On the other hand, as we've seen recently with official investigations popping up all over the world into loot boxes with arguments that they're gambling aimed at children (we'd say that it's gambling aimed at everyone, but that's beside the point), it's also clear that things can be taken too far, and that pay-to-win mechanics - however subtley implemented - are simply not acceptable in a game that has already asked you for a day's worth of your wages before you've even picked up the controller. Perhaps the solution is that publishers and developers need to look to streamline their operations more, and instead of looking for ways to balance rising costs with rising profits, they could scale back production costs and find a happier balance.
We've been watching the slow creep of microtransactions into big budget games, and increasingly critical feedback is reflecting when these practices affect the end-user experience. The main challenge is working out just how much these systems impact on the fun these games give us. Is Need for Speed Payback a bit grindy to incentivise microtransactions, or were they just poorly designed mechanics that ended up dominating the mid-game? Similarly, with Shadow of War, the microtransactions were most relevant to the end-game content, but that's a part of the game that some reviewers wouldn't have had too much time with before casting judgment, and it's mostly completionists hoping the platinum the game who are going to feel the effects.
As for multiplayer, it's even harder to detect the influence of microtransactions. When needlessly convoluted systems are layered on top of each other it can be hard to get a handle on what exactly is going on under the hood. In the past our progression was a means to help us find similarly skilled opponents, but as we move towards more cosmetic- and microtransaction-based systems, we're seeing publishers experimenting with matchmaking systems whereby a player's spending habits are more important than their k/d ratio. When we're matched up with opponents more likely to incentivise further spending than give us a fair fight, you could argue that gameplay is starting to take a backseat.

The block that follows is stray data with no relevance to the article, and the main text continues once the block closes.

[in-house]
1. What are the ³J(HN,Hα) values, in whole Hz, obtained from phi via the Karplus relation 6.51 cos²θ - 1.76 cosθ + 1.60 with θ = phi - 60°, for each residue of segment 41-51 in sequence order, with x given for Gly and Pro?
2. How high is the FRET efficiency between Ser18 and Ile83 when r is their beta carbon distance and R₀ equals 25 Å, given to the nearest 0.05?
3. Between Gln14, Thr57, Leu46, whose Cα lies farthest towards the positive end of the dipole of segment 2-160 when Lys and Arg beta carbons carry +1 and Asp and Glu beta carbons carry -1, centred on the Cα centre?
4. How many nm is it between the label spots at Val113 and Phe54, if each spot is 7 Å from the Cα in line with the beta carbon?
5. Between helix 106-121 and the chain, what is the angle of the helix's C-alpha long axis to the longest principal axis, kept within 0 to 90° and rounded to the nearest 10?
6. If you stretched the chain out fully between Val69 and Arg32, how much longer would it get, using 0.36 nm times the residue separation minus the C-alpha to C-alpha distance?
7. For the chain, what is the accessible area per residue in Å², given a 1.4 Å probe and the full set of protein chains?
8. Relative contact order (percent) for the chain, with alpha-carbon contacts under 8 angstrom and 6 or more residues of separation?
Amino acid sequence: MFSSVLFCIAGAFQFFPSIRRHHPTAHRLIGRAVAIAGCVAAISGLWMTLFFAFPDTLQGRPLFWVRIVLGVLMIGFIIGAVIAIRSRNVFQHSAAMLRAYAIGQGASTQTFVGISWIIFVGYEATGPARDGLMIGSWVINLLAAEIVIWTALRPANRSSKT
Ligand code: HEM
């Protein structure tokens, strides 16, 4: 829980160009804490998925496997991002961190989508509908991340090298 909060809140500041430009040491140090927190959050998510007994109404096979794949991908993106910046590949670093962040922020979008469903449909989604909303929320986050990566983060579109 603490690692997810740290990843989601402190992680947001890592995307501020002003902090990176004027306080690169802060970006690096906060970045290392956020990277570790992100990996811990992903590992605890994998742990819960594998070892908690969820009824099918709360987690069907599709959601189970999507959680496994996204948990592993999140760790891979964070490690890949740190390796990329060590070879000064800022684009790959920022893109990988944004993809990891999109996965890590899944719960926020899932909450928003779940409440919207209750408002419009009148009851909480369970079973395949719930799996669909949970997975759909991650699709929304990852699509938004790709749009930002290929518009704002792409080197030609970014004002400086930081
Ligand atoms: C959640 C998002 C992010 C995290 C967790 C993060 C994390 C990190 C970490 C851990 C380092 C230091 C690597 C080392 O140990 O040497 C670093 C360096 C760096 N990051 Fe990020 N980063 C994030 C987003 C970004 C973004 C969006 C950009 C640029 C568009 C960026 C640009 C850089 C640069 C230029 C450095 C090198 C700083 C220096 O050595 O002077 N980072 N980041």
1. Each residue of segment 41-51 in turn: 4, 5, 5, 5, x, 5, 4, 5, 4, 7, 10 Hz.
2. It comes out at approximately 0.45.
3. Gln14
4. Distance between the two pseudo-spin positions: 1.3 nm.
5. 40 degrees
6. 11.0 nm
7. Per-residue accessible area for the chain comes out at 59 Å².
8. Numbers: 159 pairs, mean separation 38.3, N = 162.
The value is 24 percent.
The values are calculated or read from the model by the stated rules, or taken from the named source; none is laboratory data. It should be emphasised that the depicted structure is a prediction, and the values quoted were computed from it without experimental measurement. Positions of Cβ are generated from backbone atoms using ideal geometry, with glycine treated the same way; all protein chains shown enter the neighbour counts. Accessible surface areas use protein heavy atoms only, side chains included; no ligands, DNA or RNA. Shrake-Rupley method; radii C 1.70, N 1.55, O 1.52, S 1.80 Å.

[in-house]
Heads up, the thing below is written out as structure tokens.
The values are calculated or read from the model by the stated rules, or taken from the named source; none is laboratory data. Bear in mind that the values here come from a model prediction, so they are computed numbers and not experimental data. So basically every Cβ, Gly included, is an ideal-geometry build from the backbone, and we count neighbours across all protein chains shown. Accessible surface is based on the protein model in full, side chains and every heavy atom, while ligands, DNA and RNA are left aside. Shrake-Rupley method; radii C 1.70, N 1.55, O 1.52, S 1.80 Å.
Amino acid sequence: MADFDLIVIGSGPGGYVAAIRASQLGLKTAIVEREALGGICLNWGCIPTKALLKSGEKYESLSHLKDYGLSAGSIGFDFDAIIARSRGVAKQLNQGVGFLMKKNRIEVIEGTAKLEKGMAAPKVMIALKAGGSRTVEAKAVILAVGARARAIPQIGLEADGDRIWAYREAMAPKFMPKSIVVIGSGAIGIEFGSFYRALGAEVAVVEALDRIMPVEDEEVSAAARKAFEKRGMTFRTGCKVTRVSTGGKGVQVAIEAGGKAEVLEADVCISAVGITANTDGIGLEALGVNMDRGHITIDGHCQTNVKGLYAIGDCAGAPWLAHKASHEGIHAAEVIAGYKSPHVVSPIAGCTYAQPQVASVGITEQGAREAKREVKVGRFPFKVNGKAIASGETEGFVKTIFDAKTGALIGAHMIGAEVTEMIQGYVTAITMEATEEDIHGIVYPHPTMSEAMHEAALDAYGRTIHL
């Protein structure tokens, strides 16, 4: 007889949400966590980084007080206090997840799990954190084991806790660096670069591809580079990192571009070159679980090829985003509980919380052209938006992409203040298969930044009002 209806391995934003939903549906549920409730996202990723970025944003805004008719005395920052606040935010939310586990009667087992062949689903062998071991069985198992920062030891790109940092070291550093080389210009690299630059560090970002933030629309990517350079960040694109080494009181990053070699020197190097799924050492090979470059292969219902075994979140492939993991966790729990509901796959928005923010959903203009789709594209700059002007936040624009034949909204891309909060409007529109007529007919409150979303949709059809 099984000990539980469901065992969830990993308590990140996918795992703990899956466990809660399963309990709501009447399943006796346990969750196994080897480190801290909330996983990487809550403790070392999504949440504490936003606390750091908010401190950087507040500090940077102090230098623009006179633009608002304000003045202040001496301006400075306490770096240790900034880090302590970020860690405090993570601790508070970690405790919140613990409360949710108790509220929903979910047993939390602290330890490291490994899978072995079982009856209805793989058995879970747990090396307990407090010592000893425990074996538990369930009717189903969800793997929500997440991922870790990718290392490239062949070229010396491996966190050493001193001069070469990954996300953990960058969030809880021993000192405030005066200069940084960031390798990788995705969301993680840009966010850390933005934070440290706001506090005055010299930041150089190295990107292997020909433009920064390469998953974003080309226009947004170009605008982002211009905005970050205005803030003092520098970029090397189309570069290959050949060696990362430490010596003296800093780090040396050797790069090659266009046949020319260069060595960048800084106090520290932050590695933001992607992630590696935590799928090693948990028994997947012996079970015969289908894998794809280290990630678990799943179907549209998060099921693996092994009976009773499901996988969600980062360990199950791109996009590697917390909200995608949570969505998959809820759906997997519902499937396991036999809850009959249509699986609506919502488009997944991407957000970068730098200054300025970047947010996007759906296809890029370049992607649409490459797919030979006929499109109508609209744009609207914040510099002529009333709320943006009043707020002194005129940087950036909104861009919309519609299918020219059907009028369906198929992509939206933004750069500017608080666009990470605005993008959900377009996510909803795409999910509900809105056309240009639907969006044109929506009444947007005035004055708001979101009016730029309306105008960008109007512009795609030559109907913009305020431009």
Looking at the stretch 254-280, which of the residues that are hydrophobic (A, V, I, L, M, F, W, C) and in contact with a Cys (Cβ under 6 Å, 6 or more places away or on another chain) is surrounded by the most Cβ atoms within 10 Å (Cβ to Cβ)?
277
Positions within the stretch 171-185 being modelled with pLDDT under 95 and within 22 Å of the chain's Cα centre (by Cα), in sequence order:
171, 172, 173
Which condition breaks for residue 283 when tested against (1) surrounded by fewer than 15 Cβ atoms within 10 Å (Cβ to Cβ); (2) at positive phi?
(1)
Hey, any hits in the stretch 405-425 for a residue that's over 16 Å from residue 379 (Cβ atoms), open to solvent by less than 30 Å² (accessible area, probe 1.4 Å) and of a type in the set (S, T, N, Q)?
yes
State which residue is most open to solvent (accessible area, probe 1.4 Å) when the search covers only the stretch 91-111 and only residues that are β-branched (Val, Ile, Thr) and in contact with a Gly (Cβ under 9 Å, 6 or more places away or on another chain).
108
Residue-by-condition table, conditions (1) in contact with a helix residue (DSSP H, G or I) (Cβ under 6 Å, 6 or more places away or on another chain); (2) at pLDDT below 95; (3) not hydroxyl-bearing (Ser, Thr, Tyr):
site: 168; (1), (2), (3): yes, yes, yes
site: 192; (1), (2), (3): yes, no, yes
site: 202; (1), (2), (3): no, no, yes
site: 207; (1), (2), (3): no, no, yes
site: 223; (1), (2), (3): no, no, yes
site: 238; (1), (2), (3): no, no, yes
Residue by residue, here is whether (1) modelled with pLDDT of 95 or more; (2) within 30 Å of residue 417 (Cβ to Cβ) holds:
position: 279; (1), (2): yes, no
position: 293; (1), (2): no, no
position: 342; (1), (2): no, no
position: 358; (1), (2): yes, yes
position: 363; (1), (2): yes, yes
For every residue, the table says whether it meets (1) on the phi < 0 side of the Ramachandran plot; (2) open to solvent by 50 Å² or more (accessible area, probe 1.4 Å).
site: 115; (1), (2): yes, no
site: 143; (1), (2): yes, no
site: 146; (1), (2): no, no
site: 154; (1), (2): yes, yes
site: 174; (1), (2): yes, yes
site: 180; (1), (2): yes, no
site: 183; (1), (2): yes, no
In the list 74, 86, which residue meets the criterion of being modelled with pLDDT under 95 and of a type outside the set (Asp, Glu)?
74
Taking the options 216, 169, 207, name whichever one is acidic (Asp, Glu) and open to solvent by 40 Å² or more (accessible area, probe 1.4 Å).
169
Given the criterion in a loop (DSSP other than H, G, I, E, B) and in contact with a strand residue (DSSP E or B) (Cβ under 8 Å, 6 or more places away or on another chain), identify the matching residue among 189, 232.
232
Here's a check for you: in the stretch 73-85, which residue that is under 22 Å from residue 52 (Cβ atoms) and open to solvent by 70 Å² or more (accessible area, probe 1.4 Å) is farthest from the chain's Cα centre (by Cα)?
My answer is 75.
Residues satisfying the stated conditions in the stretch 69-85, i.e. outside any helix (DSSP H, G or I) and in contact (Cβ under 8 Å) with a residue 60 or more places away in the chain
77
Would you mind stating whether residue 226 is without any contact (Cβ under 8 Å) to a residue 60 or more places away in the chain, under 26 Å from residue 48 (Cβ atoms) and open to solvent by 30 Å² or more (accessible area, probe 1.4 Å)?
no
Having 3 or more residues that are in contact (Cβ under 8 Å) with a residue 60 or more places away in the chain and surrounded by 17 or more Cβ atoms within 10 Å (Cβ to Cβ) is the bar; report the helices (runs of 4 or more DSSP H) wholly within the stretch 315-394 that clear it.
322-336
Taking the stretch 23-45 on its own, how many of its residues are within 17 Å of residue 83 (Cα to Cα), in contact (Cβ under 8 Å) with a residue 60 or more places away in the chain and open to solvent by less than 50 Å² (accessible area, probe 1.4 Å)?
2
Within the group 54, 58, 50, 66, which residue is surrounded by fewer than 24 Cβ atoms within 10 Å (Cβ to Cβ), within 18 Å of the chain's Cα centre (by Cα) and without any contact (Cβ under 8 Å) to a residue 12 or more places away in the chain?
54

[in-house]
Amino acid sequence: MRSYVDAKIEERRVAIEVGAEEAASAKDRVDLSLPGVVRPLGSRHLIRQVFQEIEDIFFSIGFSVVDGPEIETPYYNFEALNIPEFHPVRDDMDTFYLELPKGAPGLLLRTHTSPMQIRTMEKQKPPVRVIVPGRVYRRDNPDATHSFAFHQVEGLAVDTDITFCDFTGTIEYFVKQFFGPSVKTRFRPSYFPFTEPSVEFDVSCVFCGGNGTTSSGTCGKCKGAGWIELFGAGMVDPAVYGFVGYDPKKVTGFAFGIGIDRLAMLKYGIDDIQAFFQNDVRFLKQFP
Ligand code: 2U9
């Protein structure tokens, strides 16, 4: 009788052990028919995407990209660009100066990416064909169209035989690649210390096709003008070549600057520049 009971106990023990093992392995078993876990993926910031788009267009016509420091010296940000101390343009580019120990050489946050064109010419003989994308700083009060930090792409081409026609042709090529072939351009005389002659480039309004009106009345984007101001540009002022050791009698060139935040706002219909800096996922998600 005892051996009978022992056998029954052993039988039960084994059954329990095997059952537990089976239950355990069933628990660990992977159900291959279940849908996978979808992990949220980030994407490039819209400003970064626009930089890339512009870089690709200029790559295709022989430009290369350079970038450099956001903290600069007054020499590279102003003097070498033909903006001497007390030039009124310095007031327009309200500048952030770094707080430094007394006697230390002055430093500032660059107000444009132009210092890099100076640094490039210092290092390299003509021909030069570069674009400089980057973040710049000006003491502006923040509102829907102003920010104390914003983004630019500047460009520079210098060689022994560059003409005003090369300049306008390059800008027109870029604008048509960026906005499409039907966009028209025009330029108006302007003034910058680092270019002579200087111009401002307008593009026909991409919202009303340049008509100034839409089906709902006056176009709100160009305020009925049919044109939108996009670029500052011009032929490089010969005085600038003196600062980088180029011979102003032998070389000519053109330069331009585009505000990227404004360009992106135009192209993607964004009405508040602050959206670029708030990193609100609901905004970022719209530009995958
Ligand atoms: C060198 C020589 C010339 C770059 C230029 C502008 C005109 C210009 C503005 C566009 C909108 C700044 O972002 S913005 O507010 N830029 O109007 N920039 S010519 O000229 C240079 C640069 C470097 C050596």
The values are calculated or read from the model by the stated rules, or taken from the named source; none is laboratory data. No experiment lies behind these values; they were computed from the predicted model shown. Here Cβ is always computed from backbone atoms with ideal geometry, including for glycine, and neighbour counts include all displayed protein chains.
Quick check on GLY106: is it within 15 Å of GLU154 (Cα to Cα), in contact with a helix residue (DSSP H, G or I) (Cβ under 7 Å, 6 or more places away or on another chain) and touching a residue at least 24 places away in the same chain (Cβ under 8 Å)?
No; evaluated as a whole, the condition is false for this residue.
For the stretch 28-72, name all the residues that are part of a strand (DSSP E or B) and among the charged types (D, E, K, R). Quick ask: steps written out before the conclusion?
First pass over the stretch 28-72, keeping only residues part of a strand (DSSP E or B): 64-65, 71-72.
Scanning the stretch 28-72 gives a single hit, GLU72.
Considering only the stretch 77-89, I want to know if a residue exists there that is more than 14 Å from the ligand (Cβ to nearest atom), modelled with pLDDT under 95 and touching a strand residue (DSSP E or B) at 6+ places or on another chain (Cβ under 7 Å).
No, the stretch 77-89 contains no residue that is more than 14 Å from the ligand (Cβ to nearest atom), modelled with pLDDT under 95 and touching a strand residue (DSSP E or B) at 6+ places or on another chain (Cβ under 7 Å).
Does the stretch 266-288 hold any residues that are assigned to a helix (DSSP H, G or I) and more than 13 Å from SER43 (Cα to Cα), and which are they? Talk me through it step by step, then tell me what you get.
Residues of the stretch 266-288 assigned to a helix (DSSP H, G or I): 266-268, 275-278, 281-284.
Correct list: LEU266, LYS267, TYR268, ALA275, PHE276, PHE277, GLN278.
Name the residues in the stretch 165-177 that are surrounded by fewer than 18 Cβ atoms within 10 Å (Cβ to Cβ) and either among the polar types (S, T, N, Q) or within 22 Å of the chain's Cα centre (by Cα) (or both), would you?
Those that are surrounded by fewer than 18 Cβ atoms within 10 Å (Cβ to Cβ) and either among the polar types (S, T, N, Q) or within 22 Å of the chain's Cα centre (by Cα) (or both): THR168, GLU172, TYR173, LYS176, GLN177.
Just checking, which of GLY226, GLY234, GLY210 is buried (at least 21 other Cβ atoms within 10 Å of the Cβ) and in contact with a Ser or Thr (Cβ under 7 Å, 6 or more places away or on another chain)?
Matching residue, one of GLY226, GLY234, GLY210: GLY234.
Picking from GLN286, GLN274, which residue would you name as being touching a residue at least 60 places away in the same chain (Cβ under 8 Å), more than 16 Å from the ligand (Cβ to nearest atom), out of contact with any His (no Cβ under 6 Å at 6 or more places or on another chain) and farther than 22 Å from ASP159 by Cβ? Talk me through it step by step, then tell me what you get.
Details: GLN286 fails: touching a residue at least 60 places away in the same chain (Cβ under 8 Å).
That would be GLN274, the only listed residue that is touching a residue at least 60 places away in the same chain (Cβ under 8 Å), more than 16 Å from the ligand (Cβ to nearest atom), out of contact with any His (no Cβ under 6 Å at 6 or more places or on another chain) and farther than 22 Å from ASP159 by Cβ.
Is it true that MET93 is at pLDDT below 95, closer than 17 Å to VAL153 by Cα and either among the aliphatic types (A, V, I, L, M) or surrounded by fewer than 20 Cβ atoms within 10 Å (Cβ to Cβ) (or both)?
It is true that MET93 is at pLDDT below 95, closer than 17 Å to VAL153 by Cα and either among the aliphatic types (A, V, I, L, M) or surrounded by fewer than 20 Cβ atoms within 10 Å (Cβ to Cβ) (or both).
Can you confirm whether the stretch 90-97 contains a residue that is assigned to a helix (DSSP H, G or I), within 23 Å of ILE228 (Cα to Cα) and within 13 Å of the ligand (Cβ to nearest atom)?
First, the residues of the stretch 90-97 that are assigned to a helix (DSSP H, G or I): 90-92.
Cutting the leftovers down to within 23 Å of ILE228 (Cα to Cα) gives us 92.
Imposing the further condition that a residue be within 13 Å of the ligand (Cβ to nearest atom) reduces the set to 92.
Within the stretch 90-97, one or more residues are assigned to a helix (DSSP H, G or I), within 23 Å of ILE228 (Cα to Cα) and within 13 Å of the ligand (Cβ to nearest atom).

While there are plenty techniques for extracting cash from players, not all of them are universally condemned. Something like Planetside 2 has been using progress accelerators for a number of years, but as it's a free-to-play game it's really hard to begrudge its creators for offering paying players a fast-track solution. When it comes to triple-A, however, it's more clearcut, and the recent reaction to EA's Star Wars shooter points to a clear line that players don't want to see crossed. Battlefront II walked straight into a storm of resentment at launch, and changes to the progression system between beta and full release only clouded the situation further. Might we see more companies like EA and Activision wait until their games have been out for a few weeks before microtransactions are implemented, as we recently saw with Call of Duty: WWII?
At the end of the day this is a situation that has been brewing for a number of years now, but finally, at the tail-end of 2017, it came to a head. We were delighted to see so many impassioned people defending their hobby, and we genuinely hope that the collective reaction makes a telling difference. Microtransactions aren't going away, of that much we can be certain, but let's hope that the events of the last few months have given publishers a much-needed wakeup call. 2018 is going to be a pivotal year in this ongoing dialogue between publishers and consumers, and there's work to be done to repair the trust that has been broken. Triple-A is at a crossroads, and realistically it could still go either way, so here's hoping the next wave of big hitting titles respect our time as much as their creators seem to respect our wallets.